# investment and real interest rates

The article is about how real interest rates drive planned investment. Think about the function investment as a function of real interest rates. Planned investment as a function of real interest rates. Talking about real interest rates, I’m really just talking about nominal interest rates factoring out or discounting what’s going on with inflation. There’s other videos where we go into more depth about that. Another thing if there were no inflation real and nominal rates would be the same thing. I want to tackle it with a very tangible example. Let’s say this upcoming year there’s a bunch of potential planned projects. Let’s call this projects. These are potential investments. You have projects, and then you have some level of expected return. Each of the people who are thinking about these projects, they all have their spreadsheets out, and they’ve taken in risk and probabilities and all of the rest. They’ve come up with their expected return numbers. Let’s say project A has an expected return of 20%, B 18%, C 16%. I’ll do a couple more. D is 10%, E is 5% and F is 2%. Let’s say initially in one state of affairs interest rates are relatively high. Let’s R1 is equal to 19% interest rates. We have 19% real interest rates. These are the real expected returns. **Which of these projects will actually be invested in? Which of the ones will people actually do?** If someone has the cash, they say well, I could either lend my money out for 19%, or I could do this project and get 20%. If they have the cash, they would definitely do this. If they don’t have the cash, they could say, well, I could borrow the money for 19%, and I could invest it at 20%. I’ll make money off of that. Project A will definitely be done. What about project B? Project B, if the person actually has the cash on hand to do project B, they say I could do project B and get an 18% real return, or I could lend that money out and get a 19% in real return. Actually, I would not do project B. I’ll just say I would not do anything that has an even a lower real return. If I could potentially do project B, but I had to borrow the money, if I have to borrow the money at 19% real interest, and I’m only getting 18% on it, that’s a money losing proposition. I wouldn’t do B, and I definitely wouldn’t do all these things that get a lower return. When I have high interest rates right over here the only thing I would do is project A. Let’s think about what would happen if interest rates went down. If real interest rates went down. Let’s say real interest … let’s call that R2. Real interest rates go down to … let’s say they go down to 3%. Once again, project A you are definitely going to do. If you have the money on hand, you get 20% doing project A. You definitely don’t want to lend it out at 3%. If you don’t have the money on hand, you can borrow at 3% and invest at 20%. By the same logic, people would do project B. You could borrow at 3% and make 18%. If you have the money, you get 18% versus 3% on your money, so you definitely do this. You do all of these up to project E. If you have the money, you would rather put that money and get 5% then lend it out and only get 3%. You’ll even do project E if you need to borrow it and still makes sense. Borrow money at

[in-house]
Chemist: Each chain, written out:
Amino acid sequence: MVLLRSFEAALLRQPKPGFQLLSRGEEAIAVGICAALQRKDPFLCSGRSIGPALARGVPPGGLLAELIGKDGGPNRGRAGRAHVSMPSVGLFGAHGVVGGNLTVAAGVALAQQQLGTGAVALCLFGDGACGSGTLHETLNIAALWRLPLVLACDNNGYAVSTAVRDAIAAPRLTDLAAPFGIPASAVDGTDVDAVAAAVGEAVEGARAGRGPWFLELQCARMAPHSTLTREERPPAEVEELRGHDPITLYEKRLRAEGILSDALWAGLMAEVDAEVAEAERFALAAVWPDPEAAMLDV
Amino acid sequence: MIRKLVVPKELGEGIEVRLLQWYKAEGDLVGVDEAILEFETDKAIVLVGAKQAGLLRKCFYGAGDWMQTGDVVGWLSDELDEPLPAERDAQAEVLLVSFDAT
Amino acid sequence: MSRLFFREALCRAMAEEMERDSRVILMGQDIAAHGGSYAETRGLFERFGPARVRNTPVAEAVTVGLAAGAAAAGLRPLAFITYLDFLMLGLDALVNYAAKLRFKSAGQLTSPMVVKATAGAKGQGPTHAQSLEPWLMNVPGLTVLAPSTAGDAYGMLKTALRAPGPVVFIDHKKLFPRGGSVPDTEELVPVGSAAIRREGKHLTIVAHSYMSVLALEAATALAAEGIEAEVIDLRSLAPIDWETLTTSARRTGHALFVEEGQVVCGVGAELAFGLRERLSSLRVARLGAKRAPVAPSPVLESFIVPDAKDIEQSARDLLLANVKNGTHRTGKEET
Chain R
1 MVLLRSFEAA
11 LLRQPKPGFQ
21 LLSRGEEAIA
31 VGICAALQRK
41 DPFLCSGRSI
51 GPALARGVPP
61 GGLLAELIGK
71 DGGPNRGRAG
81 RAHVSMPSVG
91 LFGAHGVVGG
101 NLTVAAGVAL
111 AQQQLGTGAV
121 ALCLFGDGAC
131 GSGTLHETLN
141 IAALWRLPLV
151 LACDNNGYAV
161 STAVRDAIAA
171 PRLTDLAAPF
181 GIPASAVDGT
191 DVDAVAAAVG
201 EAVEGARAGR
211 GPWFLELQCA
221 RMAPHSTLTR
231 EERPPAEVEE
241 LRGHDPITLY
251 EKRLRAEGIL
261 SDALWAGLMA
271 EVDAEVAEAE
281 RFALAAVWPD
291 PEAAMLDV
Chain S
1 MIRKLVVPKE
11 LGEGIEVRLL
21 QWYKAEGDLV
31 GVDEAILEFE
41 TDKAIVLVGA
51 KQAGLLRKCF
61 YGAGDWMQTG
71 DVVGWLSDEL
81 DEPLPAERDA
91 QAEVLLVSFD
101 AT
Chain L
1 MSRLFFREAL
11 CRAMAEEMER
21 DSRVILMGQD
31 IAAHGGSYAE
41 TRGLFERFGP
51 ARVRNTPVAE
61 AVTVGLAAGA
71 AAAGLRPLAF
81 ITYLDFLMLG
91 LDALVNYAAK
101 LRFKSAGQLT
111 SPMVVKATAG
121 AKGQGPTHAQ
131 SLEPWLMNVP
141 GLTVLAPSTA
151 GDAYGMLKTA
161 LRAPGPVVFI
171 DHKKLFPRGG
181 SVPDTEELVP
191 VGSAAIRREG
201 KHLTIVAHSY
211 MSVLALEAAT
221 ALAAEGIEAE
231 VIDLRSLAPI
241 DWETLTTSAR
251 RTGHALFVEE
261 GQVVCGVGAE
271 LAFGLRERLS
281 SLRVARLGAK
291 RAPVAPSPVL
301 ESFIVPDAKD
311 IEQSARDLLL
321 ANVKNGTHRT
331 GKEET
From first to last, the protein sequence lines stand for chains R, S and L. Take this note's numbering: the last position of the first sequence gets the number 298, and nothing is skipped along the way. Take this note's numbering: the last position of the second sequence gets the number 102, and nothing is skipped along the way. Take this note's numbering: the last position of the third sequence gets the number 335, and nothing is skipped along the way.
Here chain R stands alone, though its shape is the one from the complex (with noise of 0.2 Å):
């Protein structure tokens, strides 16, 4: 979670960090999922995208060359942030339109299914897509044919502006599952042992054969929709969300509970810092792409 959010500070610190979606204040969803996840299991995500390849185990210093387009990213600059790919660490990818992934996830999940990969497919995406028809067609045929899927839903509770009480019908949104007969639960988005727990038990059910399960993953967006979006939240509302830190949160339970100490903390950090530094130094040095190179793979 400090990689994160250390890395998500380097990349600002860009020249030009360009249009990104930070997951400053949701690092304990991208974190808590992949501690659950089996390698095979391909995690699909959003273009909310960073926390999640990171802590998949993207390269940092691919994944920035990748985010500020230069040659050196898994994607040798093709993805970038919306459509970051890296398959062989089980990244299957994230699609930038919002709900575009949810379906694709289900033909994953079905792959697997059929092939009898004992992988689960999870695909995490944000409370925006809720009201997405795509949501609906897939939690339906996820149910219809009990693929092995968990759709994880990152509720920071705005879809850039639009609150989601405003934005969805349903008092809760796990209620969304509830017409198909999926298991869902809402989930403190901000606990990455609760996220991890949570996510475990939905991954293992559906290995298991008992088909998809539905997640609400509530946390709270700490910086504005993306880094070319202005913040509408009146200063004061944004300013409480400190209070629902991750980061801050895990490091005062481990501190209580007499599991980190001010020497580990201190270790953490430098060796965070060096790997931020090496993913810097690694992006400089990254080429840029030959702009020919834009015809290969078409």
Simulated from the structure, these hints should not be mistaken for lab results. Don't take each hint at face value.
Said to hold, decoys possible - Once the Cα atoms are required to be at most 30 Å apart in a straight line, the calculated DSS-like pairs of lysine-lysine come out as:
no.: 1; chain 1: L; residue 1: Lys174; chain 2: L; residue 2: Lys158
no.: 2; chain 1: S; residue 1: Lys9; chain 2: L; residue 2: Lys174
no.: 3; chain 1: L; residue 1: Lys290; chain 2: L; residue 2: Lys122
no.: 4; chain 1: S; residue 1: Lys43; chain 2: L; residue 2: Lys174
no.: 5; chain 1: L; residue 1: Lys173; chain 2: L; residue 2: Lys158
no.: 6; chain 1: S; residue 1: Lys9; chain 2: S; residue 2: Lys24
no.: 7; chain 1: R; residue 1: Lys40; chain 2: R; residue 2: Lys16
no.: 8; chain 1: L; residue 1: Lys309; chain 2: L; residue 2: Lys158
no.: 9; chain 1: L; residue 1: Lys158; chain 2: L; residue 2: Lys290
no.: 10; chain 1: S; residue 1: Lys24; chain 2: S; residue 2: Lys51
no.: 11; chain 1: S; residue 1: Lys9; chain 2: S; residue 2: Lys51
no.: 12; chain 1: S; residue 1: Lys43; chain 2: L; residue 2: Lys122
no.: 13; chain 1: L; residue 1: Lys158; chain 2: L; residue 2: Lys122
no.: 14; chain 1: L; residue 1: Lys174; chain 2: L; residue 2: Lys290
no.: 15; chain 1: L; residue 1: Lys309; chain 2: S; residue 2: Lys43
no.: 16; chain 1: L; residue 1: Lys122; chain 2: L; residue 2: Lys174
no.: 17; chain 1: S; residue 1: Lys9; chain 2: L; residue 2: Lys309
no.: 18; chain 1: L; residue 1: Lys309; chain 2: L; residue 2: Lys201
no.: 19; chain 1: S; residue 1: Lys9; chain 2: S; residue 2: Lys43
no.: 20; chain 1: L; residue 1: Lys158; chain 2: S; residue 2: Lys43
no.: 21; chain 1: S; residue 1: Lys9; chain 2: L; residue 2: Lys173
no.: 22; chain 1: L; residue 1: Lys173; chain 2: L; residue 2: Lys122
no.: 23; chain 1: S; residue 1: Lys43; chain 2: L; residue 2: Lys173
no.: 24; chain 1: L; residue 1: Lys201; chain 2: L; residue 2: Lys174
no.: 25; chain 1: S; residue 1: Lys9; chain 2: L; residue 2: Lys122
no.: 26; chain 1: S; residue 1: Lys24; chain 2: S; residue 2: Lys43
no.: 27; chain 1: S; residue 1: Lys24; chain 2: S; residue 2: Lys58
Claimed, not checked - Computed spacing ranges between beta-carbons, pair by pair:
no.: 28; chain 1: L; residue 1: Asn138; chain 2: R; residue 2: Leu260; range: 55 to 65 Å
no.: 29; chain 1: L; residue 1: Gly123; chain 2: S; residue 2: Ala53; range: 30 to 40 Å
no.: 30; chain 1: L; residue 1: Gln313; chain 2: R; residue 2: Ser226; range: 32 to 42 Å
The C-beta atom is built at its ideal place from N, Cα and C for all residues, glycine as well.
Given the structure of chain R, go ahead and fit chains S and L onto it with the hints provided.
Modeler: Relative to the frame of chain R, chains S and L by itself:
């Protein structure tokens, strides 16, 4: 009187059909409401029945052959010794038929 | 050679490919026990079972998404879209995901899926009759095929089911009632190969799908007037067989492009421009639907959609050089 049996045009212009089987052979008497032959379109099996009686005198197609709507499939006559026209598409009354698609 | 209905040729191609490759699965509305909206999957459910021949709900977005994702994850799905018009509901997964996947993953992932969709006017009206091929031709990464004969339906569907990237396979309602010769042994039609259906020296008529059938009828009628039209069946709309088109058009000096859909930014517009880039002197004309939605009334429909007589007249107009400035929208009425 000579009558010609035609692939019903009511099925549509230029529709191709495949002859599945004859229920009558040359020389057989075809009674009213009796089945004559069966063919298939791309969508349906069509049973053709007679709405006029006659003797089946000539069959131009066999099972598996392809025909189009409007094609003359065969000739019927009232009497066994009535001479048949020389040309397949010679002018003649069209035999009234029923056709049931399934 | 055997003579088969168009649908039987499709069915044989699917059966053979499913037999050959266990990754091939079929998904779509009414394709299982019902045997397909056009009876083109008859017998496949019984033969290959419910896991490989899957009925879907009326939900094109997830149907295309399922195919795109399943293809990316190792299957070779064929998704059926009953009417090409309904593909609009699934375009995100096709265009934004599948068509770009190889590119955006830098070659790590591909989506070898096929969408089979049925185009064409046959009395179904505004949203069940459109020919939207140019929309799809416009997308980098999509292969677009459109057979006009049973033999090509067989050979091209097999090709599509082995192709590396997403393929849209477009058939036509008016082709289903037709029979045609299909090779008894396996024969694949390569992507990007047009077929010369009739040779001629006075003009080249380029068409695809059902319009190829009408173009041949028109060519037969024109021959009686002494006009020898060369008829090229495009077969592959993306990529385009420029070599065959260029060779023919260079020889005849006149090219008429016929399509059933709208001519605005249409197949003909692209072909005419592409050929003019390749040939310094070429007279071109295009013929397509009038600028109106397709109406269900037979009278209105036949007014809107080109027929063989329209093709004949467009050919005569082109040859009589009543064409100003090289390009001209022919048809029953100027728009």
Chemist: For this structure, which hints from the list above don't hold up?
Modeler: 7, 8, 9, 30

3%, invest it at 5%, your making some real return. The only one that you would not do is project F right over here. Here you aren’t actually covering your cost of borrowing. If you have to borrow at 3% and invest at 2%, doesn’t make sense. If you have the money, you would rather lend your money at 3% then do project F. So, your definitely not going to do F in this scenario. Obviously do it in neither scenario. Right over here, you’d do all of the above. You would do A, B, C, D, not all of the above. All of the above except for F. A, B, C, D, and E. Let’s just think about the rough level of investments. If we were to plot on this axis right over here, if we were to plot the investments as a function of real interest rate, and over here we actually have the … independent variables are real interest rate. At a high real interest, we had a low level investment. We only did project A. That’s right over there. That’s A only. This is when we were at R1. When we lowered interest rates to R2, we had a much higher level of investment. We did all of these projects right over here. You had a much higher level of investment. This is A, B, C, D, and E. You see that you have an inverse relationship. The lower the real interest rate, the more investment that’s going to go on. The higher the interest rate, the less investment that goes on. You can debate whether it’s a curve or a line, bur for the sake of simplicity, we’ll assume that it looks something like … I’ll draw a dotted line it’s easier for me do that. It might look something like that. Now, we can use this insight to start thinking about how a change in real interest rate might shift our plan expenditures on our [unintelligible 05:50] and from that we can start to think about the IS curve. The famous IS curve and the ISLM model.

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